However, when it comes to providing public or social goods (e.g. parks roads, bridges, free or subsidised educational facilities), the market economy often runs into trouble. Social goods are goods which are required for the welfare of society as a whole, but for which the market fails to provide a value. People are generally ignorant of the value or utility of social goods. An individual knows that once one category of social goods say a road, is constructed, he cannot be denied its use whether he paid for its construction or not.

Everyone assumes that others would pay for it. It is these failures of the market (i.e., provision of social goods) that bring the role of the government and public expenditure in focus for providing social goods for the welfare of the public in general. Some economists divide social goods under two heads: Social and economic overheads. Social overheads like hospitals, schools and colleges and technical institutions and economic overheads like roads and railways, irrigation and power projects etc.

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are all essential for economic development. It is the responsibility of Public expenditure to build up sound social and economic overheads as money for these things does not usually come from private sources.

2. Remove unemployment:

Public expenditure is the most potent weapon to fight unemployment.

The level of employment depends upon effective demand. The government can influence effective demand either by making more public expenditure or by resorting to such fiscal methods as may raise the level of private expenditure. The role of public expenditure becomes very significant during the period of depression when the private entrepreneurs are not keen to take up investment activities. The government can resort to counter cyclical fiscal policy, which means the taxes and government spending be varied in an anti-cyclical direction; government spending being cut and taxes increased in the expanding phase of cycle and government spending increased and taxes cut during the contraction phase. Increased govt, expenditure will open new job opportunities in the country, which means creation of demand of goods and services.

Mention may also be made of pump priming and compensatory expenditure to raise the level of employment in the economy. Pump priming refers to increase in private expenditure through an injection of fresh purchasing power in the form of an increase in public expenditure even through budgetary deficit. It is argued that such an initial public expenditure may set in motion a process of recovery from the condition of depression. Compensatory expenditure refers to the variation in the government budget expenditure to compensate the deficiency in private demand so as to maintain high level of investment, employment and income stability. In the words of Keynes, government expenditure becomes a balancing factor in order to maintain national income at a given level. Such expenditure may be progressively raised during depression phase of the business cycle, and progressively reduced in the recovery phase.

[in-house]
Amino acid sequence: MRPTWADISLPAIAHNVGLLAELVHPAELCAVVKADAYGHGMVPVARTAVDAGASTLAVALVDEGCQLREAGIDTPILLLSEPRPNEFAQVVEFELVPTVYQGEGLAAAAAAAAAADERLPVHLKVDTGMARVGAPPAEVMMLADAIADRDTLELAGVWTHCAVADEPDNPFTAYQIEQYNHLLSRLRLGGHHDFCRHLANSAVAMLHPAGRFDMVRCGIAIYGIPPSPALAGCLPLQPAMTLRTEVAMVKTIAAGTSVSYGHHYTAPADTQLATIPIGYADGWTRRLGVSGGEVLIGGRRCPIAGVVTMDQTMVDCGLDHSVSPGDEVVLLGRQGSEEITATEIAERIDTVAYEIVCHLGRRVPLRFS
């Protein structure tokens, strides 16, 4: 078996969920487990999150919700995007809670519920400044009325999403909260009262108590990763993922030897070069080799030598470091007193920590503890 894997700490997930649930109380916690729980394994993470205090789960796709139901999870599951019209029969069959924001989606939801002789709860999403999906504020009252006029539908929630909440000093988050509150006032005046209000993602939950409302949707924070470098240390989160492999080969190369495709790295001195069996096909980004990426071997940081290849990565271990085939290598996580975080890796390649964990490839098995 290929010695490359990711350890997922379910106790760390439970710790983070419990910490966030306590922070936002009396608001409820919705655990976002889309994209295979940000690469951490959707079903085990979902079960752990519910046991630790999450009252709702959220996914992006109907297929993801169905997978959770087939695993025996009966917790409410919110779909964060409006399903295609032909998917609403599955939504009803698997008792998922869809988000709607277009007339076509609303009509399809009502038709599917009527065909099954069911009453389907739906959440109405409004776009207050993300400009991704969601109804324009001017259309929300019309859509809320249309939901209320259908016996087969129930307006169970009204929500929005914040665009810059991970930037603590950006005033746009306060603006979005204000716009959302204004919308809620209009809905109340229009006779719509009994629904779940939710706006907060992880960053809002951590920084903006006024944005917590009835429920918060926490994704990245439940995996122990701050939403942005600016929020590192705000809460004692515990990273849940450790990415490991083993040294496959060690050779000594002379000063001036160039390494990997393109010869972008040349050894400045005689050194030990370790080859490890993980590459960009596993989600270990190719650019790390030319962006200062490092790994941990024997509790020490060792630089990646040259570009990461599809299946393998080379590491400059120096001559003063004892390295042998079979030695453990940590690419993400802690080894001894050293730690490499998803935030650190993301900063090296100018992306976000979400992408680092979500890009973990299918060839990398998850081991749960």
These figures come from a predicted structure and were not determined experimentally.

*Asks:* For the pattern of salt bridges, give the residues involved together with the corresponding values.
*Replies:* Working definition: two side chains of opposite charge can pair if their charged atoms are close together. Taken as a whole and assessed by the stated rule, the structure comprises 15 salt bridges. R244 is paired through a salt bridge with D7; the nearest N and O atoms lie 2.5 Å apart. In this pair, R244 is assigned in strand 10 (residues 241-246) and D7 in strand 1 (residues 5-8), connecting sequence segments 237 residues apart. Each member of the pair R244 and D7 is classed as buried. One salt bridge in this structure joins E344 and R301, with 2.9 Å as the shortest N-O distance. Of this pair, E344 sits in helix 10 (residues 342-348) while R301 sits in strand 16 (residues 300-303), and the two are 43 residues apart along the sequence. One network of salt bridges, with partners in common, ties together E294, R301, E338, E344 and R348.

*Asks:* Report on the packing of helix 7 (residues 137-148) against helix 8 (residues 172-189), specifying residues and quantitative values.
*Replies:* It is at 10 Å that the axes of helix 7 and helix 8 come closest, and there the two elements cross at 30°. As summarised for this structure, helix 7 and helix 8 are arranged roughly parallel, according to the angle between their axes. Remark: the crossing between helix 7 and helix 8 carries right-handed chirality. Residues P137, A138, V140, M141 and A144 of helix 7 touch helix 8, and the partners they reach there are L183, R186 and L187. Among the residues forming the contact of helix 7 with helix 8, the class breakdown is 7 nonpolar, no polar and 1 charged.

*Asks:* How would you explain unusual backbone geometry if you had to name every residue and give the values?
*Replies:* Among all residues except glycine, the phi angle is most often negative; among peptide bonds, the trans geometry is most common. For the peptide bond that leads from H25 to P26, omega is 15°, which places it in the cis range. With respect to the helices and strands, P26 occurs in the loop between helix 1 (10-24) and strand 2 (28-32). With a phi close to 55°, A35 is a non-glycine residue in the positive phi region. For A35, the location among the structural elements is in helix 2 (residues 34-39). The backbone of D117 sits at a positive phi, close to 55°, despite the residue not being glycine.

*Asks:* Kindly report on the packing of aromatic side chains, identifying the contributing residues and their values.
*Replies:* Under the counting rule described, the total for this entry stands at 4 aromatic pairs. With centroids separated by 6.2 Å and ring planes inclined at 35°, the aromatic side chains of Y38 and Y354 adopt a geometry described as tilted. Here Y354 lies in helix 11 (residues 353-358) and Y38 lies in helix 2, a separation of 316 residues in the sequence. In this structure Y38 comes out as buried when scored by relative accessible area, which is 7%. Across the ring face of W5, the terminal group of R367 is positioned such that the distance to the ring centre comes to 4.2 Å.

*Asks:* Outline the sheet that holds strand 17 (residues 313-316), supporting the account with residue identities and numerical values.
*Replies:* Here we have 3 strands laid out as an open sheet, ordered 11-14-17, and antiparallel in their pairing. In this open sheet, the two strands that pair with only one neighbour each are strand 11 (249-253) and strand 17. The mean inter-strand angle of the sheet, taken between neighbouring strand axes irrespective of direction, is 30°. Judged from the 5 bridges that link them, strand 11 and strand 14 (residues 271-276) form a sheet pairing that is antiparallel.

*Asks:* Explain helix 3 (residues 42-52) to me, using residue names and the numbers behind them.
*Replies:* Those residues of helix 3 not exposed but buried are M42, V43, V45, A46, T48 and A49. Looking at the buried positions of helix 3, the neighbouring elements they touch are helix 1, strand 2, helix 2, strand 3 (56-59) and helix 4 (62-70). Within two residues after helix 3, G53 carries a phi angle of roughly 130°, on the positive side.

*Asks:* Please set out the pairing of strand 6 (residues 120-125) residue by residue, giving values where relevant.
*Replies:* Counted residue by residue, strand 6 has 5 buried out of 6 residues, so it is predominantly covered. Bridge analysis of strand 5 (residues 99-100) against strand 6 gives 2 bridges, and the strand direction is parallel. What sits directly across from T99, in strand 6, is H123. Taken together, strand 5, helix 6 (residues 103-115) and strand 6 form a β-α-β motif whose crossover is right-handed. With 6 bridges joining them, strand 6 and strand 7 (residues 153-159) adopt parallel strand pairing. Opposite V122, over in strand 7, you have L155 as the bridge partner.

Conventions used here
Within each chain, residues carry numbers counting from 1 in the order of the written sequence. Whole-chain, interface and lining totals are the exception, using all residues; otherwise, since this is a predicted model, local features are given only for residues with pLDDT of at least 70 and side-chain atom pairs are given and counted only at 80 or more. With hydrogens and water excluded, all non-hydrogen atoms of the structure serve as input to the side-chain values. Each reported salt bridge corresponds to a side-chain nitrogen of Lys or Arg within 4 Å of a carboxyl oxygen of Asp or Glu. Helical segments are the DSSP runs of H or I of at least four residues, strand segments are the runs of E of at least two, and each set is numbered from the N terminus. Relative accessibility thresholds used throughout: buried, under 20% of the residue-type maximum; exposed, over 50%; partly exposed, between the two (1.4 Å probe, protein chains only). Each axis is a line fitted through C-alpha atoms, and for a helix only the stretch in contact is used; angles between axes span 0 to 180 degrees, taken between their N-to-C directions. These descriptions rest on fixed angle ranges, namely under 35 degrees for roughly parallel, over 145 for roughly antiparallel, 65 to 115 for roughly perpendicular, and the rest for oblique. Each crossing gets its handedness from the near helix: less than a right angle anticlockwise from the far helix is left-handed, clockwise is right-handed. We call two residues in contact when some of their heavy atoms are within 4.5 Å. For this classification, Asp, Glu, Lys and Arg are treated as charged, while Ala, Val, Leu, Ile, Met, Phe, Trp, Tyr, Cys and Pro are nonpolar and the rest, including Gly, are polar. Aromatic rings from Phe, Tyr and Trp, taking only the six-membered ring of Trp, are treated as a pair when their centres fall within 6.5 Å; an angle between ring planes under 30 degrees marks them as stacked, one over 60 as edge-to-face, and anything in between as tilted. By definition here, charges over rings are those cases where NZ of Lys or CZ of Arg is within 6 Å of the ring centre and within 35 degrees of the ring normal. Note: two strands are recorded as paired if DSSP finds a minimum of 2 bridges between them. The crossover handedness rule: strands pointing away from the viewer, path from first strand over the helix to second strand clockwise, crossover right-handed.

3. Increase Production:

Public expenditure contributes to production through a large number of public enterprises both in industries and agriculture. Government incurs a lot of expenditure in the agricultural sector, e.g. on irrigation and power, seed forms, fertilizer factories, warehouses, etc.

, and in the industrial sector by setting up public enterprises like the steel plants, heavy electrical, heavy engineering, machine-making factories, etc. All these enterprises are calculated to promote production and thereby economic development.


Exploitation and Development of Mineral Resources:

Minerals provide a base for further economic development. The government has to undertake schemes of exploitation and development of essential minerals, e.g. coal and oil.

Public expenditure has to play its role here too.

5. Promote Price Stability:

Increase in public expenditure relieves the economy from the quagmire of depression and conversely public expenditure can be scaled down when there is a fear of inflationary rise in prices. Thus public expenditure helps in stabilising price.

6. Promote Balanced Growth:

There is a tendency to use economic resources for the further devel­opment of already developed regions. But for overall growth, special attention needs to be paid for the development of backward areas and under developed regions.

This requires huge amounts for which reliance has to be placed on public expenditure.

7. Reduce Inequality of Income:

Another objective of Public expenditure is to reduce the inequality of income.

Expenditure on old age pensions, unemployment relief, free education, free mid-day meals etc. benefits the poorer classes of the community at the expense of the rich. The above objectives reveal that public expenditure properly made of utmost important for social welfare and economic prosperity.